The customer feels it’s important
Letting the customer define the product strategy can be a costly mistake. As Henry Ford said, “If I had asked people what they wanted, they would have said faster horses.” Customer insight and priorities are very important but they’re not everything. A lot of times customers will just ask for what they already know. A roadmap made entirely of customer requests can result in a product with little focus and poor usability. Think of a swiss army knife. It has everything from a knife to saw to scissors to magnifying glass and many other things besides. But how many times have you used a swiss army knife this year? Unless you do a lot of camping, it’s not the best tool to get specific jobs done. I’ve seen so many products that try and be the swiss army knife and woefully fail at being able to do anything specifically.
Sales feels it’s important
Don’t get me wrong, listening to the sales team is very important, these are the guys who are at the front line of understanding why particular prospects are rejecting the product. They have insight into what’s important to buyers and how to get their attention. However, prioritising on specific customer needs in order to close a sale can seriously detract from being focused on how to best serve the market. And whilst satisfying the relationship between the consumer and the producer is the cornerstone of any successful business, allowing a few individual customers to set the priorities of what needs to be built next can be a costly mistake in the long run.
Support feels it’s important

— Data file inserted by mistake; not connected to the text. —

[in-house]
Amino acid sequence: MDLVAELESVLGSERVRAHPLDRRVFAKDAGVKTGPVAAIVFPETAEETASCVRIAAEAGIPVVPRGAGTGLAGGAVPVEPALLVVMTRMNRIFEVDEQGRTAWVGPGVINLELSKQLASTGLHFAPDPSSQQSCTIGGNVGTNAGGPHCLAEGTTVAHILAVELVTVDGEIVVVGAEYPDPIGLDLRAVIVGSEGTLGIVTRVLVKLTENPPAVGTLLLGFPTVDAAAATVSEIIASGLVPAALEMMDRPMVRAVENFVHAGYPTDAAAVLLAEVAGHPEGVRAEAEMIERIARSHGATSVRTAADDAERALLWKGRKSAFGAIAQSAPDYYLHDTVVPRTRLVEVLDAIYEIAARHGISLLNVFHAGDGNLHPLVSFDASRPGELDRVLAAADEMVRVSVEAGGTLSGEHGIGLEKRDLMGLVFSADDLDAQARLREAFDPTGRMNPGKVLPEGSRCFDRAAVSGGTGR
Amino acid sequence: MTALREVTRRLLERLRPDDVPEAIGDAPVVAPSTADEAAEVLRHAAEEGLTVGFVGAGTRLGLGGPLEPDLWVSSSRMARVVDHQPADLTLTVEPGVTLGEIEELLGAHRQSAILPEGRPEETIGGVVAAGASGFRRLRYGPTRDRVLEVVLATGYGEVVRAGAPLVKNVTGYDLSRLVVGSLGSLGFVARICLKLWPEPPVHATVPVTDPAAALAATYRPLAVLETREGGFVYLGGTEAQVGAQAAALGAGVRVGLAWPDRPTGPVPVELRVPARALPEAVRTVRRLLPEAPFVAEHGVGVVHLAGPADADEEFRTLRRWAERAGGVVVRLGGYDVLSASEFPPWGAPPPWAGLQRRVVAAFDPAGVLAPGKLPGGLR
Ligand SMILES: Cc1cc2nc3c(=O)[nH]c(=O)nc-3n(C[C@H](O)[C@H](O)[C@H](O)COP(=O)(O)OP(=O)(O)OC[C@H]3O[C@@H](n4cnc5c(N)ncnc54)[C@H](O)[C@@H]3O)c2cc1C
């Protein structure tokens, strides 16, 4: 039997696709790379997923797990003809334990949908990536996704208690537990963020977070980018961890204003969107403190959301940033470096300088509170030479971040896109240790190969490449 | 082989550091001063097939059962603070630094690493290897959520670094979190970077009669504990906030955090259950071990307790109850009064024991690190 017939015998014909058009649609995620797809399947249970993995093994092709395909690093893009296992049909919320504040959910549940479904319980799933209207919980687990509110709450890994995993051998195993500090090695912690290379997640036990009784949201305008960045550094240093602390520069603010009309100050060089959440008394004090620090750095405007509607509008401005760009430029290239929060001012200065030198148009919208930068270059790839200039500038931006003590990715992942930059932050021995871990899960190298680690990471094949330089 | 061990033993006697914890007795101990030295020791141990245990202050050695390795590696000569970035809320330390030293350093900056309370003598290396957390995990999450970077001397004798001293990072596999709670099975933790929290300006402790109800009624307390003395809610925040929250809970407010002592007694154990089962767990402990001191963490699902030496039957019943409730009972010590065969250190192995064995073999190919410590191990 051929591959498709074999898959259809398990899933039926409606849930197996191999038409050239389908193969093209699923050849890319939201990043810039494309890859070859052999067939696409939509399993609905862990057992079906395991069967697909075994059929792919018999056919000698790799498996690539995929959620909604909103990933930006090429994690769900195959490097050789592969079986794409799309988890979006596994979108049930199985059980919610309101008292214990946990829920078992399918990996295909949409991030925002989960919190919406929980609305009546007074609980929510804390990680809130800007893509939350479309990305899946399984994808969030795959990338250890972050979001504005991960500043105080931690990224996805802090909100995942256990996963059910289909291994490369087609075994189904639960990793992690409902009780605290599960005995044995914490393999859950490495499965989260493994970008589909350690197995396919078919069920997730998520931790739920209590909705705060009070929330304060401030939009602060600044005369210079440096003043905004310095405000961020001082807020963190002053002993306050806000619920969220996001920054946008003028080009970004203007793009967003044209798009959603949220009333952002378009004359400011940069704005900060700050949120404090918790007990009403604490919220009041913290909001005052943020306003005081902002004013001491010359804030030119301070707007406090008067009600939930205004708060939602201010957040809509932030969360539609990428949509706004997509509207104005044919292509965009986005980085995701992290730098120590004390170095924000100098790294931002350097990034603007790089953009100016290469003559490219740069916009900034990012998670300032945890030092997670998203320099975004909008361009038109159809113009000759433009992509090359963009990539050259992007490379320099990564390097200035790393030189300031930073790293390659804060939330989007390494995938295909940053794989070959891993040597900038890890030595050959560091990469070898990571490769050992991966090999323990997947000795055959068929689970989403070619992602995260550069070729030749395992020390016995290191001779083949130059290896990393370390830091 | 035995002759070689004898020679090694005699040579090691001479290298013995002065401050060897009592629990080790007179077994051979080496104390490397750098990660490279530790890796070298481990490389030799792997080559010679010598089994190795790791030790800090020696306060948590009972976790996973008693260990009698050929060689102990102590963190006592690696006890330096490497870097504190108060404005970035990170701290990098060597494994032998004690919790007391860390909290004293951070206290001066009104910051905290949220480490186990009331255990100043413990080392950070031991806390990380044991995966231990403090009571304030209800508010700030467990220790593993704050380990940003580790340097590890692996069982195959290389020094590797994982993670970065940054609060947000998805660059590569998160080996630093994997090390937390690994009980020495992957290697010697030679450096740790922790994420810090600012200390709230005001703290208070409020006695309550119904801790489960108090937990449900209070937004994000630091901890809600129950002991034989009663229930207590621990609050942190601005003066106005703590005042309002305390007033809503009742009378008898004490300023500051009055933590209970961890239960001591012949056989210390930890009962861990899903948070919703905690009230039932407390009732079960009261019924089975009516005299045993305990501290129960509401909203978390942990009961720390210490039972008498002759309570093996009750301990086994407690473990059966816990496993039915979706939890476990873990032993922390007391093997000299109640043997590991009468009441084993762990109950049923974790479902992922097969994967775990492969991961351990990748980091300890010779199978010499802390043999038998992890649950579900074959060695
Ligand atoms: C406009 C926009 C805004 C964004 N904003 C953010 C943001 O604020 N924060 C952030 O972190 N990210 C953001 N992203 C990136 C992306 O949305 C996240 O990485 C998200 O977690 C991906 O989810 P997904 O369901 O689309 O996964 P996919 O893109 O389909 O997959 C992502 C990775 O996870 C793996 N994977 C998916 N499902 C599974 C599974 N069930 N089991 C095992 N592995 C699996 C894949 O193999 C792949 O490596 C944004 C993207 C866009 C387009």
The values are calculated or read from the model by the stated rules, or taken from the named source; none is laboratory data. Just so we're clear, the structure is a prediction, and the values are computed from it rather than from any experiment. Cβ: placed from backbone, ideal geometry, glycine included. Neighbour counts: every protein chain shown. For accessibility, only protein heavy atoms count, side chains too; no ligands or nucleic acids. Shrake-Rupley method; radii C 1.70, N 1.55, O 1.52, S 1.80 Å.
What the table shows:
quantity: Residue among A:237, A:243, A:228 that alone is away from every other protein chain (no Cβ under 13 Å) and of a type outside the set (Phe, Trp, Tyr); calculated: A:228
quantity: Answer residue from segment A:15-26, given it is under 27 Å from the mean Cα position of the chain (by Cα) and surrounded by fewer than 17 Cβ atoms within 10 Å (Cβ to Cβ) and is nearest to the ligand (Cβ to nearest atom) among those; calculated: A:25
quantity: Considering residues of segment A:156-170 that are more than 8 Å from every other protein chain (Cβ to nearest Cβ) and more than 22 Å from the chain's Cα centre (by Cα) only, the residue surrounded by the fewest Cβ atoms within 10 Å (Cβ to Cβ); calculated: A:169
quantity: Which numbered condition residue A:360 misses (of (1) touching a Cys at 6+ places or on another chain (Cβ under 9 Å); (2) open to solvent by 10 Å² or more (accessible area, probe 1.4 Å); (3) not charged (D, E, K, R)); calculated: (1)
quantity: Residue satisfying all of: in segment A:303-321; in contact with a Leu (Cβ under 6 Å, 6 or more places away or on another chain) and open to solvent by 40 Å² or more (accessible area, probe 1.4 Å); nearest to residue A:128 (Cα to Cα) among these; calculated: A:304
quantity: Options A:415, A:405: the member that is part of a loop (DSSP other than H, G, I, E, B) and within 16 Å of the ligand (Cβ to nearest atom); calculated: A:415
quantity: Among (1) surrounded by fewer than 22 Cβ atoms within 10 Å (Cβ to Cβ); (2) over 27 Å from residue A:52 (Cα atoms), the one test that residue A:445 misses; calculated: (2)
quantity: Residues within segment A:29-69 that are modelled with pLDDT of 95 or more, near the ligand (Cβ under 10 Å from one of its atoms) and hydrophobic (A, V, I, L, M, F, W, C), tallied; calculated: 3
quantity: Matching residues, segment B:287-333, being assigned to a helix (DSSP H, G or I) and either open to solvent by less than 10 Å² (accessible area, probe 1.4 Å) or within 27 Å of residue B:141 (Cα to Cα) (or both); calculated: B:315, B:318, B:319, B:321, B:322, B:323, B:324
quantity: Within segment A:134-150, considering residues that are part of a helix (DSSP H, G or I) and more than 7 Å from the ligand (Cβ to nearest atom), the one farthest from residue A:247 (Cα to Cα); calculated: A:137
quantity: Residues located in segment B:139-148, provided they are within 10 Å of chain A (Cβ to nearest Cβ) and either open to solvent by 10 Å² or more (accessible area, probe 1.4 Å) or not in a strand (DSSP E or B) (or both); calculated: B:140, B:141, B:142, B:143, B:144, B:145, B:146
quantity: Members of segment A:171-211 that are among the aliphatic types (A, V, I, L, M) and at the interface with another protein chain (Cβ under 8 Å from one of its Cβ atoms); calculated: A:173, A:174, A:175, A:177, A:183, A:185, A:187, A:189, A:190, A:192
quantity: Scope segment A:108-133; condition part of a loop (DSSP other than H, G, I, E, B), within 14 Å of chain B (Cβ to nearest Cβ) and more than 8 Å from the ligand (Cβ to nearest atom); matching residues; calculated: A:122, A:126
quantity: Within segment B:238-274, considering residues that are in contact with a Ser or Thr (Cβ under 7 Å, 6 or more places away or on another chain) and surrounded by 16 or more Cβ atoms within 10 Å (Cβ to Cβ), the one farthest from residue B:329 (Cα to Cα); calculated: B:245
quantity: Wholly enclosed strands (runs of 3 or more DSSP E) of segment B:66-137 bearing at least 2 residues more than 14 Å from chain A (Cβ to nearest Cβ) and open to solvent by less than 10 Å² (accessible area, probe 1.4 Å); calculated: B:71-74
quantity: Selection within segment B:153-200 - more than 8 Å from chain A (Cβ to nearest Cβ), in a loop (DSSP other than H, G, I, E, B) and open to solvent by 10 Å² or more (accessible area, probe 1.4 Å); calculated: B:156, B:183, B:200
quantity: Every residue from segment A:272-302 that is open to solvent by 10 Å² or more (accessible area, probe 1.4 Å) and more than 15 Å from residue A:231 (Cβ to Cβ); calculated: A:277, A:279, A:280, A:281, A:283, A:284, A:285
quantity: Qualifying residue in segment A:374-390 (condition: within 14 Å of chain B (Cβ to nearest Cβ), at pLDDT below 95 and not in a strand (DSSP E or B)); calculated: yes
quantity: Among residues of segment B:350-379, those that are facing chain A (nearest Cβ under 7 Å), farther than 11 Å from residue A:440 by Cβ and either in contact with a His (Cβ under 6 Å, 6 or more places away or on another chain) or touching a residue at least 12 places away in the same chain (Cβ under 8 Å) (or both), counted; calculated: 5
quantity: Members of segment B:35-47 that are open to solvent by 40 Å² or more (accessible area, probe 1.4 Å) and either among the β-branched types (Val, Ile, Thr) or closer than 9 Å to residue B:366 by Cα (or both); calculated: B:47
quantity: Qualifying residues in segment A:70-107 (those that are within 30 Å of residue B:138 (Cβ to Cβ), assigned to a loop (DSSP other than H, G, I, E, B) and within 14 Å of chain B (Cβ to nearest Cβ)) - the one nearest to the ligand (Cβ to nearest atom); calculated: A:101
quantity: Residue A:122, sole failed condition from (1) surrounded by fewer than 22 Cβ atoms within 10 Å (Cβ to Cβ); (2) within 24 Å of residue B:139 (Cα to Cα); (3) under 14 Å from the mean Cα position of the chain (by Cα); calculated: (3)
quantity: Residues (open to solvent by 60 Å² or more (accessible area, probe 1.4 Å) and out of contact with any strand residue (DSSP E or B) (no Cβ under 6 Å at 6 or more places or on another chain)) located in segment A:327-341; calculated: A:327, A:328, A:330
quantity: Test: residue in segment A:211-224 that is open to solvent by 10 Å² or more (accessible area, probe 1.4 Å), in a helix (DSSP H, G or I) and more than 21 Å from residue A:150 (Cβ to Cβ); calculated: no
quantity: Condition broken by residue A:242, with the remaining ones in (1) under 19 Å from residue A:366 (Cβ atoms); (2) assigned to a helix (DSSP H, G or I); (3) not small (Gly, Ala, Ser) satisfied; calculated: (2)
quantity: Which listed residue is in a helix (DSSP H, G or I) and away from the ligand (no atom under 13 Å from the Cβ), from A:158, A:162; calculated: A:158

Usability matters. If support teams are spending countless hours supporting customers through problems that could be solved through new features then it’s a good idea to pay attention to them. But these priorities need to be examined in the context of all the goals that need to be achieved. There’s little point to prioritise usability if key features are stopping prospective customers to choose the product. On the other hand, a product with poor usability can fail as the cost to the customer in navigating and getting what they need to get done outweighs its benefits.
Our Competitors are doing it – we should too
The quickest way to bottom is to blindly copy the competition without a well thought-through strategy. Once the product starts to compete on feature list alone usually the product with the largest feature list and the lowest price wins. It’s far better to differentiate on the features offered that perfectly match the specific customers’ needs which competitors can’t or won’t be able to match. Being the leader in a niche and pricing on value is usually a more astute strategy than trying to continuously catch up with the competition. Better still building partnership with specialist technology partners, whether through integrating APIs or through shared offerings can leverage the power of the product far beyond what anyone competitor could offer.
Prioritising methodologies for successful products
I am a firm believer in a methodological approach to solving problems. Setting priorities is one of the most important problems a product leader deals with and thankfully there are a number of frameworks that offer objective ways to analyse and decide on what needs to be built first, next and later. Here I outline five methods I use in setting product priorities, each has pros and cons and often using more than one method delivers the best results.
Critical Path Analysis
Some fifteen years ago I became a Prince2 qualified PM. Prince2 is an acronym for PRojects IN Controlled Environments and for a long time was the de facto process-based method for effective project management. One of the pillars of Prince2 is a critical path analysis. A critical path is determined by identifying the longest stretch of dependent activities and measured in time required to start and finish.